The Mountains of Nevada •
Tortoise Shell Peak • Sloan Canyon National Conservation Area
• McCullough Mountains
• Clark County

Tortoise Shell Peak as seen from near the trailhead

Almost at the high ridge

On the high ridge, towers come into view again

Almost there

The top, solar panels form a tunnel

The summit apparati

Black Mountain and the McCullough Mountains

Henderson Benchmark and its towers

Looking down the ridge from the top

Summit rocks as I descend, with better lighting for photos

View of the summit as I exit

Walking out, those are the towers on top of Henderson Benchmark

Date: May 21, 2021 • Elevation: 3,753 feet • Prominence: 633 feet • Distance: 4 miles • Time: 2 hours • Gain: 1,250 feet • Conditions: Cold and very windy


I woke up today in the Elvis room at the Canyon Lodge retro hotel in Seligman, Arizona. By day's end I'd be at my dad's home in Henderson, Nevada. In between, I had a lot of driving to do, with time for diversions. From Seligman, I followed the old Route-66 alignment through Peach Springs. I've driven this route now about ten times, and always enjoy it. It's never crowded, and the way the cliffs line the distant horizons, you can see where the creators of Coyote and Roadrunner got their inspiration. Plus, you can see the Grand Canyon itself when topping out at a rise just before entering Peach Springs.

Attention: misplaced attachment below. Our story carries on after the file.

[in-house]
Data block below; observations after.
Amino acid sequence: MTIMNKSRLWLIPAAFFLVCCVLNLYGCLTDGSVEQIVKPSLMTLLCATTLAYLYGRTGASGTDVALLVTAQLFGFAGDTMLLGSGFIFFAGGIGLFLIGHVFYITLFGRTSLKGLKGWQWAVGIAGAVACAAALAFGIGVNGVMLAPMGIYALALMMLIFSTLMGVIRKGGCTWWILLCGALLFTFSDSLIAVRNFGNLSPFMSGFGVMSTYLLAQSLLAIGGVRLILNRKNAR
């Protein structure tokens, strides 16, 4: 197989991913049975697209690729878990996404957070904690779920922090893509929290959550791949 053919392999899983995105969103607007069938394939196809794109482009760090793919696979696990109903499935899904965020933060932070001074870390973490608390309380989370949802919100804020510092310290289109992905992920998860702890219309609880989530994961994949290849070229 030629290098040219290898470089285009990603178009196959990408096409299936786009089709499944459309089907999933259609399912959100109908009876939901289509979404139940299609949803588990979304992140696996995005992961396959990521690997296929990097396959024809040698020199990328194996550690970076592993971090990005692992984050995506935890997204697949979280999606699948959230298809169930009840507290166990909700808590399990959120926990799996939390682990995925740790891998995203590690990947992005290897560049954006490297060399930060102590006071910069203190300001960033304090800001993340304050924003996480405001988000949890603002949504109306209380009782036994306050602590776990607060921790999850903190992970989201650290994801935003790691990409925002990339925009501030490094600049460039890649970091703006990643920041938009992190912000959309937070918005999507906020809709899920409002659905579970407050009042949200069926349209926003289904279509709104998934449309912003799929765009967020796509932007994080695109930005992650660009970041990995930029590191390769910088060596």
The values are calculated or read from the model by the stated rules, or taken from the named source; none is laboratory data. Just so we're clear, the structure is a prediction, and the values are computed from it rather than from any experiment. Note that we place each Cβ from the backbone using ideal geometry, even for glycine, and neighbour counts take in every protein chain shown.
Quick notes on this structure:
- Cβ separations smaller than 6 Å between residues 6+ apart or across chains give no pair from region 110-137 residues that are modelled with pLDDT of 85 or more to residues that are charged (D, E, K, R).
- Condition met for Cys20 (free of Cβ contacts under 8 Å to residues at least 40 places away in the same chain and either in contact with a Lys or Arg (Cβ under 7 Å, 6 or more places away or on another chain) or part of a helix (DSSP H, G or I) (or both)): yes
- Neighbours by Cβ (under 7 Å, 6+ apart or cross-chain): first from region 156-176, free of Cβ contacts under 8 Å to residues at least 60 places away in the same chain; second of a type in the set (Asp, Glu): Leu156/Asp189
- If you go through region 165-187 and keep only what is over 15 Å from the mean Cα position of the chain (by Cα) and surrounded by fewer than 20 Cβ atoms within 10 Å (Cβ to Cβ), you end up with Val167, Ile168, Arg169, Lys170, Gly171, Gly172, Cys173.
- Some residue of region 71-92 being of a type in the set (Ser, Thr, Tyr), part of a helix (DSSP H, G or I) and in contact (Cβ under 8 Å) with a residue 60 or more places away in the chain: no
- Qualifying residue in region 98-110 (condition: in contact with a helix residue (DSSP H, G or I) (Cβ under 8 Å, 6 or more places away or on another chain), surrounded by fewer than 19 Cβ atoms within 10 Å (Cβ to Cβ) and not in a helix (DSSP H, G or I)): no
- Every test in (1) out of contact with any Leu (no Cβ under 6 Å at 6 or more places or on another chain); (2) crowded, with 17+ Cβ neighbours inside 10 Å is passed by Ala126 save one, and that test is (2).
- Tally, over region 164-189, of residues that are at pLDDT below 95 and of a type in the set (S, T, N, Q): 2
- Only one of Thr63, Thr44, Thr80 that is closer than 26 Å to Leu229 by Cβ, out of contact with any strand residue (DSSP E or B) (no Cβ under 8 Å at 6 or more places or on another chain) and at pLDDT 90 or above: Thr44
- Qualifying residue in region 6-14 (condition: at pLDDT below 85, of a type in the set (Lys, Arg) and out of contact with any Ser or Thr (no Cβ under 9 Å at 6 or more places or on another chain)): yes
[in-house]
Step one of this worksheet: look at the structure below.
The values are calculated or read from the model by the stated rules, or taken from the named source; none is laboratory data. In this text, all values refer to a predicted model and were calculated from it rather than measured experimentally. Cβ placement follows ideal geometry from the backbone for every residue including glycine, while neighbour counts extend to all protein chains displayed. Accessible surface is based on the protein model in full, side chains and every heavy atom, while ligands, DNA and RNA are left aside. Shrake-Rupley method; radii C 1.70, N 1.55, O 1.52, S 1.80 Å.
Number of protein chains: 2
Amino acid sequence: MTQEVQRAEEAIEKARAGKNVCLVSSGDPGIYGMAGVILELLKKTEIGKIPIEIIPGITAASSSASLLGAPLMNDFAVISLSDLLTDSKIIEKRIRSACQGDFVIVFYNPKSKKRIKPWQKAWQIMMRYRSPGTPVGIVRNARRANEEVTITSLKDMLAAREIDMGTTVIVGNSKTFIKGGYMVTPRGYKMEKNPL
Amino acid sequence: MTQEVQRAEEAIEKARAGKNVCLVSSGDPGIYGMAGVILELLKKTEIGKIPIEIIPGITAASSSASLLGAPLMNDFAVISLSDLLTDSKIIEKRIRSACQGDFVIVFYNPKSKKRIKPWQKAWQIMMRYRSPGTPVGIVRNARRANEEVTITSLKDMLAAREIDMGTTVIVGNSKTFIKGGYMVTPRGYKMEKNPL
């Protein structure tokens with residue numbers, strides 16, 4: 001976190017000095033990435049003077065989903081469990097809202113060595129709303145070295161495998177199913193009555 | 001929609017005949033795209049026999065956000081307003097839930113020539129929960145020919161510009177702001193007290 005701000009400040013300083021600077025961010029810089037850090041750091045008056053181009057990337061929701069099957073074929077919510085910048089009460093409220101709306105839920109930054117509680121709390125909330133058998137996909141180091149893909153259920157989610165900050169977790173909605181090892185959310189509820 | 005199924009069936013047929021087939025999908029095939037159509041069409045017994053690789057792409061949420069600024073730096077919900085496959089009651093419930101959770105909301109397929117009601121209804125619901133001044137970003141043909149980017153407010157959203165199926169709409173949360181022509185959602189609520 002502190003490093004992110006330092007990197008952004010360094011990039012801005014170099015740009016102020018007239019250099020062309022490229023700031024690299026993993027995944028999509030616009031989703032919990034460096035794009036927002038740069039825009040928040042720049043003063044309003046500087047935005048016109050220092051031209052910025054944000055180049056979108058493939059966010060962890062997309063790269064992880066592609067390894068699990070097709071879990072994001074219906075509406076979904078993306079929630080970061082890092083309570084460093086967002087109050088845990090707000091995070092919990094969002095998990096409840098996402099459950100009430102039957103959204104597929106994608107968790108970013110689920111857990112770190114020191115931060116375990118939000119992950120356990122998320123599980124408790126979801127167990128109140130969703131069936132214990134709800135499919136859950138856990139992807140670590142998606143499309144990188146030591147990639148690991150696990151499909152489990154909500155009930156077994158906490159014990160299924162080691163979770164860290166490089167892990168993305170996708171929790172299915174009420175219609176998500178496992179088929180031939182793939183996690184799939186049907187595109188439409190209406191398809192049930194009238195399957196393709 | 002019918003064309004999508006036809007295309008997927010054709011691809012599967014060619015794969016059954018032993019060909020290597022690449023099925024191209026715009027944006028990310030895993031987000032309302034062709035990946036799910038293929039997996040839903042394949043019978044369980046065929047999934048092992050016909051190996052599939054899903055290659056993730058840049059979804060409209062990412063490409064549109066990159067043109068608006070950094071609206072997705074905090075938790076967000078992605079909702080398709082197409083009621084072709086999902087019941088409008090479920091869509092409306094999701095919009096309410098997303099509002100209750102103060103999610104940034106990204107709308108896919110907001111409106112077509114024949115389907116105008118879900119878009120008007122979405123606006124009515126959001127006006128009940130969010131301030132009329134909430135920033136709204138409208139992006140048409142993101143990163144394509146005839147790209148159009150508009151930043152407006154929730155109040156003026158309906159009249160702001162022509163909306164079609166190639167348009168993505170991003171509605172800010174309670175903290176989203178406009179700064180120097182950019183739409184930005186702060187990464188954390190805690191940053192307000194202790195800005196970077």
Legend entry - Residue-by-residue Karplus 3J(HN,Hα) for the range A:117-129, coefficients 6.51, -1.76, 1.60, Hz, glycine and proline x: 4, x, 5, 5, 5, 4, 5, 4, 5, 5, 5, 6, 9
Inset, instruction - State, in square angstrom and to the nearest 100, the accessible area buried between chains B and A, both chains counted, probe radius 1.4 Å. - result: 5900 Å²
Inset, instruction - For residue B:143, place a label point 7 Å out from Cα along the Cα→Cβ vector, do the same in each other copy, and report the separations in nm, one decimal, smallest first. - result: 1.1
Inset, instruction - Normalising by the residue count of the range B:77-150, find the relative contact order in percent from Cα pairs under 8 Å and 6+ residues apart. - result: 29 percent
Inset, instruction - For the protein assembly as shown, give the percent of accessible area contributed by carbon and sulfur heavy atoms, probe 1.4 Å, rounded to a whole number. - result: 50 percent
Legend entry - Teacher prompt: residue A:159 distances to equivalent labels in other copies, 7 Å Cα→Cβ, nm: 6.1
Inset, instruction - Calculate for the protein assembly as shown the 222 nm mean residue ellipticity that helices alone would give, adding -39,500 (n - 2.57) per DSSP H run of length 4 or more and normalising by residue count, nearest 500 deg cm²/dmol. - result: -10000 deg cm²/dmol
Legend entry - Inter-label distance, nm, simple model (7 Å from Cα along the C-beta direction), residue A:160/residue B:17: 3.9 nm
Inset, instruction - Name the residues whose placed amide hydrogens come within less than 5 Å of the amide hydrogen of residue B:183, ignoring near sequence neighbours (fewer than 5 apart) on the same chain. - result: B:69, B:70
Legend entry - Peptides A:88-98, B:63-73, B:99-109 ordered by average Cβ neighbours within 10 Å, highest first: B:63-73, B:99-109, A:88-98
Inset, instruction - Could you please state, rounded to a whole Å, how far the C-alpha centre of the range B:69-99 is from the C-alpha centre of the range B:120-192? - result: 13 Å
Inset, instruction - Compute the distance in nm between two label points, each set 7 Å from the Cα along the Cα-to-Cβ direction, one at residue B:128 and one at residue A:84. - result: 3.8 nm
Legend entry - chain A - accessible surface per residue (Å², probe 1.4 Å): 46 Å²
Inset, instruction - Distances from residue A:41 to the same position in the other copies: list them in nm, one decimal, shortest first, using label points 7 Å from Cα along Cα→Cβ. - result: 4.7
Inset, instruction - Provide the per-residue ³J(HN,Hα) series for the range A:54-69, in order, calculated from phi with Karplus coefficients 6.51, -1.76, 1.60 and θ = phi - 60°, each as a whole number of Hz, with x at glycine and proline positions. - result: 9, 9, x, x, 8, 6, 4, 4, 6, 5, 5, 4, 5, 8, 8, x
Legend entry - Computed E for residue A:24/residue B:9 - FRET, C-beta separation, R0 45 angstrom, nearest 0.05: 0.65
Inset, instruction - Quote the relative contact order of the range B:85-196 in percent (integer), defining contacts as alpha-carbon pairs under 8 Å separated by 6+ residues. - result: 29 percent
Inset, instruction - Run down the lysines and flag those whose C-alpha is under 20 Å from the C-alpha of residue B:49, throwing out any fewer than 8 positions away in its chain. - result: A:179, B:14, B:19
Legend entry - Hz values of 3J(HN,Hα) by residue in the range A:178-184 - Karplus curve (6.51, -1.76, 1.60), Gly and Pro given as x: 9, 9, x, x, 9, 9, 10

Today was chilly, with temperatures in the 50s and 60s and an aggressive wind, with gusts above 50 miles per hour. In Kingman, I topped the gas, then drove up US-93. I took a detour to drive down to the Willow Beach Marina not for any boating, but to check out Willow Beach Peak. I had no maps with me, but given the cool conditions, I thought about hiking it. I hoped that the route would be obvious and a map not necessary. However, that was not the case. I drove up a couple washes to investigate possible routes, but know I'd be way in over my head without some actual information to go by. I drove back to US-93 and entered into Nevada. In time, I was in Henderson. It was not yet noon, and even now, the outside temperature was roughly 60 degrees.

I had planned to hike Tortoise Shell Peak at some point this week, and I assumed I'd have to start at dawn to beat the daytime heat that is usually in place at this time of year. But given the cool conditions, I decided to hike it right now. I located myself onto Mission Drive and drove it to its end, where there is a parking lot for a trailhead for the Sloan Canyon National Conservation Area. Being a Friday, the lot was nearly vacant, just a couple cars. I got my hiking boots on and drinks into my pack, and started hiking at noon.

The online maps I printed showed a number of trails in the area, so many that I was concerned I'd get onto a wrong one. In such cases, I revert to my philosophy from 20 years ago: show up, follow my instincts and hope for the best. I knew I needed to be on Trail 601. I walked past the trailhead signs and found a good-looking trail that went south, so I followed it. Was this Trail 601? No clue. No markers to say yea or nay. After a few minutes, I did see a marker, and got myself onto the proper Trail 601.